On 21 November, Israeli Prime minister-designate Benjamin Netanyahu reached a compromise with the head of the Religious Zionist Party, Bezalel Smotrich, allowing the Lukid Party to retain the defense portfolio while Smotrich is set to become the country’s finance minister, according to Israeli Channel 12.
Smotrich previously insisted on becoming the Israeli defense minister to control the decision-making over the occupied West Bank.
The US opposed the potential appointment, and Smotrich has been domestically criticized for his lack of experience in the security field and his “far-right” values.
On the same day, the far-right leader called Palestinian human rights groups an “existential threat,” claiming that the Palestinian resistance group Hamas operates these groups, according to the Middle East Eye.
Smotrich briefly served in the Israeli forces and was arrested in 2005 during protests against the withdrawal of Israeli troops from the Gaza Strip, remaining detained for three weeks by the Shin Bet security services.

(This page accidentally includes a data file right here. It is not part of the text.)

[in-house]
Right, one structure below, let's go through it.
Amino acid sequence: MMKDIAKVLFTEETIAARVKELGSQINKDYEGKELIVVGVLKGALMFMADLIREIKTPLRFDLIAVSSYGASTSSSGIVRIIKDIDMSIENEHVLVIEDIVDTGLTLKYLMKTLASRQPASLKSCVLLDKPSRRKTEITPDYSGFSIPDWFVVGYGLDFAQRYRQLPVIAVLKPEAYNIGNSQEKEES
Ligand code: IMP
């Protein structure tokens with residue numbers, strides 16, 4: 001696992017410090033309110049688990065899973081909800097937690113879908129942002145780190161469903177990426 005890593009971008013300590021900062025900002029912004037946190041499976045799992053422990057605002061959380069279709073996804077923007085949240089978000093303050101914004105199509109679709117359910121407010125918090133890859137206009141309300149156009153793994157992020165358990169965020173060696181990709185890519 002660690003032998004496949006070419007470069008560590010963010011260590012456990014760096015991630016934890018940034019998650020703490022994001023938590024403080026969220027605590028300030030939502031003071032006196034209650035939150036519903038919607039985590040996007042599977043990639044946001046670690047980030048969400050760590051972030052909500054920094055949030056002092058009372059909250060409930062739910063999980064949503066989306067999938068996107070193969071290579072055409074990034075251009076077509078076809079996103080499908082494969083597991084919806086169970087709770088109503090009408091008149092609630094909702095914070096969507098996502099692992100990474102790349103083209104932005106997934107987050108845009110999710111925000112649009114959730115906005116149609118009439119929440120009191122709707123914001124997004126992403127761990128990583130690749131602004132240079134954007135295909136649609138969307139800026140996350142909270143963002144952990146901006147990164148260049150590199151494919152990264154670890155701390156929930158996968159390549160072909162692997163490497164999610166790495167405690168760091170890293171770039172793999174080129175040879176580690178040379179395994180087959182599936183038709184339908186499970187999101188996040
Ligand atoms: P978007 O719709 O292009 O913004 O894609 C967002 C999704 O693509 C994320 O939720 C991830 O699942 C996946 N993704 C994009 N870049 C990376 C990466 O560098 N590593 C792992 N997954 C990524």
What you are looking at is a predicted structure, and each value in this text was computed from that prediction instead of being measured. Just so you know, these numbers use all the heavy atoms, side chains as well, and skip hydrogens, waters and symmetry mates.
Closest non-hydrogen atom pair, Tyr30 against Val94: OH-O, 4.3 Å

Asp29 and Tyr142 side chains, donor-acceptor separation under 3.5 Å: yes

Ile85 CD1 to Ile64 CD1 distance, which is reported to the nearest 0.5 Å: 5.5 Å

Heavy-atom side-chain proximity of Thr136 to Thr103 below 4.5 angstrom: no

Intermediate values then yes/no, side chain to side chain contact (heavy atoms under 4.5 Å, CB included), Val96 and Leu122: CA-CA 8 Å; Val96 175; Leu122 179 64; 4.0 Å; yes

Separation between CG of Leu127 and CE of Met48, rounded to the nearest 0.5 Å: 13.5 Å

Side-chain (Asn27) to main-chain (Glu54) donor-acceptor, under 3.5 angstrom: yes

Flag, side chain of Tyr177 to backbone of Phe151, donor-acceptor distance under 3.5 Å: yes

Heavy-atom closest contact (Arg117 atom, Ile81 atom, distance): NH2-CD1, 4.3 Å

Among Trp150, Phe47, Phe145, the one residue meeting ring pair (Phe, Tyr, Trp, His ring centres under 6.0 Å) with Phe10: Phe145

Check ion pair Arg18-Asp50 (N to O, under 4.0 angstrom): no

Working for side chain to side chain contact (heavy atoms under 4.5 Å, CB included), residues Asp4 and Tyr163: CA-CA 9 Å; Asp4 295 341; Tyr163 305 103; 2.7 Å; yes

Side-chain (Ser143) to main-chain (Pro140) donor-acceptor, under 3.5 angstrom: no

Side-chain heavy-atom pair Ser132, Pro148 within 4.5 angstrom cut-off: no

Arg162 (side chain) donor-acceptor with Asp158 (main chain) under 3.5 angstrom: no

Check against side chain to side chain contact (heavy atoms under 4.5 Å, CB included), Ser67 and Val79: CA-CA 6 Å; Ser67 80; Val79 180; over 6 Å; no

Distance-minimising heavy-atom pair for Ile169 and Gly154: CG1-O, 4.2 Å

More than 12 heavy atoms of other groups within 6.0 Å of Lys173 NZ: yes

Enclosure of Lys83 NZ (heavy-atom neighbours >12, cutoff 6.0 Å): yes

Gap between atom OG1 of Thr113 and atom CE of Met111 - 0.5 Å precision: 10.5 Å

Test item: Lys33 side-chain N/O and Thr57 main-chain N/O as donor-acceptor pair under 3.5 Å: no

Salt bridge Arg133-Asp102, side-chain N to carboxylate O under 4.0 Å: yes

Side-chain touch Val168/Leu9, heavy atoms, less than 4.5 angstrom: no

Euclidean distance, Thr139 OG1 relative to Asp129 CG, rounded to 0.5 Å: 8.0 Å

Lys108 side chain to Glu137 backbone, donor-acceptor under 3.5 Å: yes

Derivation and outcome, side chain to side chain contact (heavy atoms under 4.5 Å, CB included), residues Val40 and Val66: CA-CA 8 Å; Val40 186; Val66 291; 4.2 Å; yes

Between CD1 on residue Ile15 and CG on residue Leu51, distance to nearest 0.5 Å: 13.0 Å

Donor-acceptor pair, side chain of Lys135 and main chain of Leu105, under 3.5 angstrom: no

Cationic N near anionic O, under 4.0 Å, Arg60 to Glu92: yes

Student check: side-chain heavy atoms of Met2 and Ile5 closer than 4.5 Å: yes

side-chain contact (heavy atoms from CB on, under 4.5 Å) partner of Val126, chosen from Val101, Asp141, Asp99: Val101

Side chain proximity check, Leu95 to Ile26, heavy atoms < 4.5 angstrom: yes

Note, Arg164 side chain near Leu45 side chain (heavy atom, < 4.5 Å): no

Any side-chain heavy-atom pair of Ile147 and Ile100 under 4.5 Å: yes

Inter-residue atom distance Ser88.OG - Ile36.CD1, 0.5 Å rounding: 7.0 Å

However, Smotrich’s Religious Zionism party will have some control over Israel’s policies regarding the West Bank’s economy.
Meanwhile, Likud’s Member of Knesset (MK) Yoav Gallant has been named as the next defense minister instead.
A few days prior, Smotrich’s far-right party called Washington to refrain from interfering in Israel’s political affairs. The Biden administration heightened concerns over some of the extremist policies of Prime Minister Benjamin Netanyahu’s potential coalition allies.
Smotrich’s partner Itamar Ben Gvir also recently announced that he is seeking to implement a law that will allow the Israeli courts to sentence Palestinians to death if they are found guilty of the murder of an Israeli citizen.
The Jerusalem Post reported that “Netanyahu attempted to reach a slimmed-down coalition agreement on cabinet portfolios and for policy aims to be worked out after the government is sworn in. The party leaders have thus far rejected that offer, and the changes in the West Bank are among Smotrich’s policy demands.”